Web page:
The following is a guest post from Kevin Trujillo Miller, about what he saw last night at Central Library during ALOUD’s program, Surviving Homelessness & Foster Care: A conversation with author David Ambroz and Mayor Karen Bass.
Well, as the saying goes, things didn’t quite go as planned.
After a brief intro speech by library staff, Mayor Karen Bass and David Ambroz were introduced and took the stage. Ambroz was there to talk about his new book, which dealt with his experiences with poverty and homelessness as a youth. Then the fun started.
Bass and Ambroz sat for all of a few minutes before a protest began in earnest. Members of the Hillside Villa Tenants Association, seated in the audience incognito, sprang up throughout the auditorium and started chanting and unfurling banners making a case for their cause.
Their chants ranged from denouncing gentrification, unity of community, and calling out city corruption. Mayor Bass and Ambroz sat on stage grinning, laughing, basically trying to dismiss the protesters’ efforts, but after minutes of the commotion both Bass and Ambroz left the stage.
During this time, the audience became agitated and annoyed and started yelling at the protestors, with some audience members getting in the face of a few of the protesters. Ultimately the protesters left peacefully, apparently making a deal with city police to avoid any arrests.
Right before the protestors left, a library staff member came out and announced Mayor Bass had left the building. After the protesters left, Ambroz returned to the stage and he and the library staff member resumed the discussion of his book. Before doing so he made some disparaging comments about the protesters and I advised him, while it may have been an inconvenience, they were taking extreme measures due to Mayor Bass’ inaction in addressing their plight. In a very grown up voice he told me to sit down and shut up. Yay.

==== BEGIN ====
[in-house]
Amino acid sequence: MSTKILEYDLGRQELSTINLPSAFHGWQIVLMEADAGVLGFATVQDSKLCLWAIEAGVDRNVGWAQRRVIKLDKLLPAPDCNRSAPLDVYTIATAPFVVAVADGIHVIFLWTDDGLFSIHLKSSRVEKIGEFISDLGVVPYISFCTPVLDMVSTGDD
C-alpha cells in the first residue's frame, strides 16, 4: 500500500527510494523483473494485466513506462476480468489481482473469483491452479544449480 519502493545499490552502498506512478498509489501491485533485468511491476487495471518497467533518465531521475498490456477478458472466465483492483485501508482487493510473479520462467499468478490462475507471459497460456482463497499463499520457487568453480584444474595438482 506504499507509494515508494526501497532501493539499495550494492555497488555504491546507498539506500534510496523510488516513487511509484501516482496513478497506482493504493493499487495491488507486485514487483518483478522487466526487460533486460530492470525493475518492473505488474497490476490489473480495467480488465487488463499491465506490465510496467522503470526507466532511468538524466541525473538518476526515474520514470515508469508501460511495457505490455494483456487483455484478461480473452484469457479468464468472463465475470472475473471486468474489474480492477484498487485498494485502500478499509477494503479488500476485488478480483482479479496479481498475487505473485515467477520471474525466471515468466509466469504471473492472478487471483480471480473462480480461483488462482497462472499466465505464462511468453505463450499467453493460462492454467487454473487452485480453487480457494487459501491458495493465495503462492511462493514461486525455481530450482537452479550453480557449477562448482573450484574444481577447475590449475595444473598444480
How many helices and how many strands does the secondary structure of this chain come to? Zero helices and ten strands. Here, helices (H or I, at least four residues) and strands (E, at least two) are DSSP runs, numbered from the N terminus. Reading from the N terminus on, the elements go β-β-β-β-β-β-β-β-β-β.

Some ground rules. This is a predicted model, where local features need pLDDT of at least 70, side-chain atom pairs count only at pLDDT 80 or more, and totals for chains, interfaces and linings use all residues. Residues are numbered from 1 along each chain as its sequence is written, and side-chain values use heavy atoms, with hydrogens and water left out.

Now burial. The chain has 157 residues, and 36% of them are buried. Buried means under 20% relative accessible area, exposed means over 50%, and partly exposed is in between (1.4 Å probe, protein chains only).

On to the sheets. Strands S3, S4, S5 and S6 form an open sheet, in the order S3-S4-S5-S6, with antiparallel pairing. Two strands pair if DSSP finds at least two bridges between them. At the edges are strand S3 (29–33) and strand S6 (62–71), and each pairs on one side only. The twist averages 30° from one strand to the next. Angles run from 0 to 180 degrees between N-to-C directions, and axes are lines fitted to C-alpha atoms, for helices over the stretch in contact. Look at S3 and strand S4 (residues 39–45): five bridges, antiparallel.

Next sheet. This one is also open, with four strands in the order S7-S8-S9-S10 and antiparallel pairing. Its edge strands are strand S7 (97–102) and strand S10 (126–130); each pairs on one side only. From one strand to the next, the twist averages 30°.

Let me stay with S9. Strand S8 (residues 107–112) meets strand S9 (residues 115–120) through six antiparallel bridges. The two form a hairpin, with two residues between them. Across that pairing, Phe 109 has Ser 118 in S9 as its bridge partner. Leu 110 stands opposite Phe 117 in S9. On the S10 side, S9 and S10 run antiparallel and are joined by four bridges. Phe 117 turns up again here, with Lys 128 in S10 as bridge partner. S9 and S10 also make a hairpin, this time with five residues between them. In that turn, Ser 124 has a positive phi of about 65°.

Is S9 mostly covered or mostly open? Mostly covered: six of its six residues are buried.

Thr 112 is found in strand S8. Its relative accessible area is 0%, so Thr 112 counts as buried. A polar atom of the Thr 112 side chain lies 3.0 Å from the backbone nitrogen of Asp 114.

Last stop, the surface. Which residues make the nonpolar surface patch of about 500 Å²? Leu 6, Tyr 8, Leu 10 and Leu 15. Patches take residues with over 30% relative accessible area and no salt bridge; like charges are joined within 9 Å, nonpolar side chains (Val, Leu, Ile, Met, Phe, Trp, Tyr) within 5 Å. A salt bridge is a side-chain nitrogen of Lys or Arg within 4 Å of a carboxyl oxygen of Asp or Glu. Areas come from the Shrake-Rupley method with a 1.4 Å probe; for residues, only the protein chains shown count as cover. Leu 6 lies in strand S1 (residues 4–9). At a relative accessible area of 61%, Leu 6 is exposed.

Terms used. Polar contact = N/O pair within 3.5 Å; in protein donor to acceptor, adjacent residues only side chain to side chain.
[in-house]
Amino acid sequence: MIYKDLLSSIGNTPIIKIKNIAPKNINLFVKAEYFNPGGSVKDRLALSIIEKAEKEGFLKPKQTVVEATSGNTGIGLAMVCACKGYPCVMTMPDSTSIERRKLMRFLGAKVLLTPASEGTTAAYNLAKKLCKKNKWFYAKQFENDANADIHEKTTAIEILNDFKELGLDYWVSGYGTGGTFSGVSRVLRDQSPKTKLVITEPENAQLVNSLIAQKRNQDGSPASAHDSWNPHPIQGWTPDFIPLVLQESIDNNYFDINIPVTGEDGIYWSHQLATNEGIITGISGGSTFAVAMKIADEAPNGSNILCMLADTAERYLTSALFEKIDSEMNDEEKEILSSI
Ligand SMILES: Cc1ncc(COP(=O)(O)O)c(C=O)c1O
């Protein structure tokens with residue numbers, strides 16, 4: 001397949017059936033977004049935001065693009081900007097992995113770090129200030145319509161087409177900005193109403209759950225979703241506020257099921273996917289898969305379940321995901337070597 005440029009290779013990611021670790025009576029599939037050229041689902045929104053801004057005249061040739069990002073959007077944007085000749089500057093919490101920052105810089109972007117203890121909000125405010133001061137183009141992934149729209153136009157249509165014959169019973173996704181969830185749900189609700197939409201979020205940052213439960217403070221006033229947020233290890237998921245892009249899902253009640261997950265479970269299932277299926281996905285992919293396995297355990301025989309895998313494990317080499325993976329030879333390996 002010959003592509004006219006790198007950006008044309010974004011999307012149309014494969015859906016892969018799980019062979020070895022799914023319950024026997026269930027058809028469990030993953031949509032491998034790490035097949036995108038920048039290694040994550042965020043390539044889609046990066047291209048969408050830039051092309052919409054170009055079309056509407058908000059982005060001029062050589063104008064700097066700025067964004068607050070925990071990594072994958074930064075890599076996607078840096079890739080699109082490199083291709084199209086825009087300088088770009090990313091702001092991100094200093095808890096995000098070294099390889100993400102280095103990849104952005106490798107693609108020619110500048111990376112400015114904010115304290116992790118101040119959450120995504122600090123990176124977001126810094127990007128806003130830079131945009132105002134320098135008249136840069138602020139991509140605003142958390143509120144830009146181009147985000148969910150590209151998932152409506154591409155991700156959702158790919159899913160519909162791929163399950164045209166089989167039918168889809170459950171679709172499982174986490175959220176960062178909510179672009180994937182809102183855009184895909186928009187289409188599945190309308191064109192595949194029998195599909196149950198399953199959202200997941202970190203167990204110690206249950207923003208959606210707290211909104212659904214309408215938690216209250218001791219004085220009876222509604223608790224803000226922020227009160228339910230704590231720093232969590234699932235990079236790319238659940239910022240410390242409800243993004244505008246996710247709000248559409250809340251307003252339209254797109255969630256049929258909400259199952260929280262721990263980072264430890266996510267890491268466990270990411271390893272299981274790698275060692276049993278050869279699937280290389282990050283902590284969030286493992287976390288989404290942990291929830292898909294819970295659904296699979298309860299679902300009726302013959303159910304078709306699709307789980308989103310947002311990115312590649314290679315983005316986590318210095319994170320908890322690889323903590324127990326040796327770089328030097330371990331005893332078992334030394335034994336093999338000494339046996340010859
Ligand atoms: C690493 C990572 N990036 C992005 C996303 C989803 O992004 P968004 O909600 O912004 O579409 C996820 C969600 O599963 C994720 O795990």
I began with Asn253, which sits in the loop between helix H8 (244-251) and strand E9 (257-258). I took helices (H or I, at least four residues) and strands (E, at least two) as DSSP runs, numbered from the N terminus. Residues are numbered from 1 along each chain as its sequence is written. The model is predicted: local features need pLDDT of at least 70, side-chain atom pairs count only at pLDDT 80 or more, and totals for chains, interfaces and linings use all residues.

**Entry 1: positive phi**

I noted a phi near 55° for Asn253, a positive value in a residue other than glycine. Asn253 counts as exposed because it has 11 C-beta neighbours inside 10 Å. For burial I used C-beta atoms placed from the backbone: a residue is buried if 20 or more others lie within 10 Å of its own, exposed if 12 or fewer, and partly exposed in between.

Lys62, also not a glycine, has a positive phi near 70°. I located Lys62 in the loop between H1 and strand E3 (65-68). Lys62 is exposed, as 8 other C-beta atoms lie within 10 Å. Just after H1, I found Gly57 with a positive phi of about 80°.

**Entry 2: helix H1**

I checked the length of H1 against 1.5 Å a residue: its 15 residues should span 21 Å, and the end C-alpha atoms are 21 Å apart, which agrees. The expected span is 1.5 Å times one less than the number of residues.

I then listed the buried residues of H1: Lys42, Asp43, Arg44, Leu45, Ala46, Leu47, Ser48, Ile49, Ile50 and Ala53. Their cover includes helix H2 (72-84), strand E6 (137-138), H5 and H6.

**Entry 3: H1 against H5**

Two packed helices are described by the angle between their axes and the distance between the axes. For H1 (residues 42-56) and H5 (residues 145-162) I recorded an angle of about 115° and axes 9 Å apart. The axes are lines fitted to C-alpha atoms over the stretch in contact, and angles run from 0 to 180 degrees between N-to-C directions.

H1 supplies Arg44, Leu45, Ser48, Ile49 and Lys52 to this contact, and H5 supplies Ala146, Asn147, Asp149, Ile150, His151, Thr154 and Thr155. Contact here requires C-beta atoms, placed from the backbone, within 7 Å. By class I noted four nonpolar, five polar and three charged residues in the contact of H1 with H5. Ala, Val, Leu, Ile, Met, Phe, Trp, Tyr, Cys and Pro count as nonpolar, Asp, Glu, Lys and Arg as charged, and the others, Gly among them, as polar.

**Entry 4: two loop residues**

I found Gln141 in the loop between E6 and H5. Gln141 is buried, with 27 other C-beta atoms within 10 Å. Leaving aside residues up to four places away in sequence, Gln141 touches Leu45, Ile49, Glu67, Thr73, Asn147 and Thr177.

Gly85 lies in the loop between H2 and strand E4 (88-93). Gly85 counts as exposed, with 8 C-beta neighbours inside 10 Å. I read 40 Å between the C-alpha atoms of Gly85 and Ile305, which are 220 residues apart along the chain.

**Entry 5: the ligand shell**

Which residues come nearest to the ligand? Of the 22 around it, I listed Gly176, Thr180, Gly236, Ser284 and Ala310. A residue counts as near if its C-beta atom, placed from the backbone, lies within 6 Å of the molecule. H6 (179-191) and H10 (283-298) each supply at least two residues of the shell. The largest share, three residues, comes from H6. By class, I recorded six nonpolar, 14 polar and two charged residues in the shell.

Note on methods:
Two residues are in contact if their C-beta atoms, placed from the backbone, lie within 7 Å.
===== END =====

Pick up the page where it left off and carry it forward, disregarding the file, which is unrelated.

I completely support the Hillside Villa Tenants Association, although I question their approach as it only put heat on the mayor and missed an opportunity to educate a very captive audience about their battle. Perhaps handing out flyers or clearly and calmly vocalizing the reason for their actions might have garnered more public support along with making the mayor sweat. Complicated, desperate people are often forced to take desperate measures.
I decided to stay for the rest of the presentation, as I was there with my uncle. But the irony of Ambroz talking about the importance of reducing homelessness, protecting children from housing insecurity, and the traumatizing experiences he suffered as a child due to homelessness after having mocked with a very smug and entitled attitude people fighting to avoid the exact same thing he wrote a book about was just too much for me. I left and had the most pleasant conversation with an ALOUD staffer in the lobby while waiting for my uncle and the program’s end.
Just another Thursday night in the City of Angels.